End-to-end encryption explained

When you chat with your friend or a loved one, the messages you enter travel a long way across the network. A lot can happen along the way. End to end encryption is one way to protect your data, but is it right for everyone?

What does encryption mean?
Encryption is the encryption of a message so that it can be decoded only by the intended address. Encryption software transforms your email into a string called ciphertext that is indecipherable. Even if someone gets hold of your message, unless they have the key, they will not be able to access the encrypted data. It is nearly impossible to crack military-grade encryption because it uses 256-bit keys to create possible combinations of 2 ^ 256. There are no supercomputers yet that in a reasonable amount of time could crack such a code.

Symmetric encryption types Symmetric encryption is when the same private encryption key is used by a sender and a recipient to decrypt and encode an encrypted message.

The main drawback is the sharing of the key between the parties. An interceptor can snatch the key and decode the message unless a safe tunnel is built.

Asymmetric encryption Asymmetric encryption is a more sophisticated and more efficient approach of data protection. In this case, your message is encrypted by two keys–a public key and a private key. For both sender and receiver, the public key is the same, while the private key is unique to each party. It means that even the two communication participants do not know the private key of each other.

In this case, the message can only be opened by a person with private and public keys. If an email falls into the wrong hands in transit, even if they have the public key, an interceptor will not be able to access it. It can only be deciphered by a person with the specific private key.

Although this type of encryption is more advanced than symmetric encryption, both endpoints are still left unprotected. When cyber criminals hack any of the participating devices and steal both keys, the data may be retained.

What’s the end of encryption?
End to End End Encryption (E2EE) encrypts your message between two endpoints throughout your entire journey. When passing via intermediate servers, it remains encrypted and can not be reached by either the service provider, the ISP, or any third party.
Your email will be encrypted without E2EE once it hits a mid-point server to decrypt it. Therefore, the messages may be seen by an individual running such databases (e.g. an ISP). If you are using a VPN, however, this kind of communication is much easier as a VPN service encrypts your data and switches your Address. Then you can comfortably and privately pass all the midpoints.
You can implement E2EE encryption yourself, but this is a very complicated procedure. Otherwise, just make sure you have this function in the software or service you use and enable it to communicate safely. When you treat sensitive information such as financial data or personal details, it is particularly important.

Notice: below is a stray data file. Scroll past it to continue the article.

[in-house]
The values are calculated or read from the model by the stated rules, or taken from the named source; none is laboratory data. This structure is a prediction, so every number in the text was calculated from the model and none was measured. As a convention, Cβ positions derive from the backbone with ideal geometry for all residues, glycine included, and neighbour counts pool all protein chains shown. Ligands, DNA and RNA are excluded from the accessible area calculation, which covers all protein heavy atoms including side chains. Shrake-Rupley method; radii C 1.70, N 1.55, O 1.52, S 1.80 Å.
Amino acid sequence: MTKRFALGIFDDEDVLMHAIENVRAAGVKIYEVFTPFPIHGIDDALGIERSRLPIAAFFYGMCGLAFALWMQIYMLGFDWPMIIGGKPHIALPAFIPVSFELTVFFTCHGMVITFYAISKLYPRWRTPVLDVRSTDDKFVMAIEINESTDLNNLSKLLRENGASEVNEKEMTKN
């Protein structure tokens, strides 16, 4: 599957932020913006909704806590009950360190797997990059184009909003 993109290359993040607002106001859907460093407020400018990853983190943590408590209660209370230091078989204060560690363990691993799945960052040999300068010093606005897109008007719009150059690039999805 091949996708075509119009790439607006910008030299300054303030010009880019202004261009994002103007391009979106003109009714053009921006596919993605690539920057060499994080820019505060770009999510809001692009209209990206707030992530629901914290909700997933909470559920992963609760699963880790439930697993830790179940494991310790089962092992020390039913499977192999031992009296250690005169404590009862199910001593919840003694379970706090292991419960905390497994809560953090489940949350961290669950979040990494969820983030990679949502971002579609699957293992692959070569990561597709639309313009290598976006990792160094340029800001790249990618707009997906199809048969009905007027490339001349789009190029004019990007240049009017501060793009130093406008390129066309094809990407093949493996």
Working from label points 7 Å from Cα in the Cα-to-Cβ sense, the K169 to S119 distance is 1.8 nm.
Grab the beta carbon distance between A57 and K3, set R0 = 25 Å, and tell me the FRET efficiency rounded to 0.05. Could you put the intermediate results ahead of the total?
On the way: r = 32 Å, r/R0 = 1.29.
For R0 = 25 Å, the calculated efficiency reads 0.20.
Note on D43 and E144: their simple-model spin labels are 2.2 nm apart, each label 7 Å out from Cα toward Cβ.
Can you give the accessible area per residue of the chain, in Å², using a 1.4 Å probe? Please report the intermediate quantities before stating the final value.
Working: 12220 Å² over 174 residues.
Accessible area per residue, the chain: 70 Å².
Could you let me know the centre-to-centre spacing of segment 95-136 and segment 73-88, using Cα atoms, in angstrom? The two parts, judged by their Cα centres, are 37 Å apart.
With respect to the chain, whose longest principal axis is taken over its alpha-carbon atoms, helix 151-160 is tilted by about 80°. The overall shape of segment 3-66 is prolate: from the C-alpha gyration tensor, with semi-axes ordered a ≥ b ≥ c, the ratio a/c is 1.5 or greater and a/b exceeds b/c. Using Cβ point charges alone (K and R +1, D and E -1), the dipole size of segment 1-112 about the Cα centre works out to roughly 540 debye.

E2EE plays a major role in stable instant messaging applications. While many secure messaging applications are available with E2EE, it is not commonly used. Many programs, such as Telegram and FB messenger, do not have it allowed by default, so you need to change it on your own.
Often, E2EE is useful to secure your e-mail contact. Check our tips on how to send encrypted email and see our list of the best email accounts in the world.
E2E encryption can sometimes be called client-side encryption in backup or P2P systems. It encrypts the data only, though, until it hits a service provider that holds the files. In this case, zero-knowledge encryption is much safer as it encrypts your files so they can only be decrypted with your account or device. A service provider can’t access them, so you won’t be able to access your information if you forget your key or lose your phone.
Possible threats E2EE does not protect the endpoints, so someone who hacks either of them can get a public or a private key or simply snatch the data through your app; Some messaging systems might not encrypt their backup data. WhatsApp provides E2EE, for instance, but does not encrypt backup messages on Google Drive servers that it stores. It means your backup log can be accessed by Google. Also ensure that E2EE is enforced across the board by an app; Backdoor assault is a covert authentication bypass. Only trojans, viruses or malicious software can do it. Hackers could therefore intercept your device and access your data.
E2EE remains one of the most secure tools to ensure your privacy and security given these possible vulnerabilities. Whenever possible, we recommend using E2EE apps.
However, you should not forget to use a reliable VPN service to constantly update your antivirus and antimalware software to protect yourself online, such as avoiding suspicious attachments, emails, downloads, etc. Although a VPN does not use E2EE software, via secure midpoint servers and encrypted traffic it provides security.

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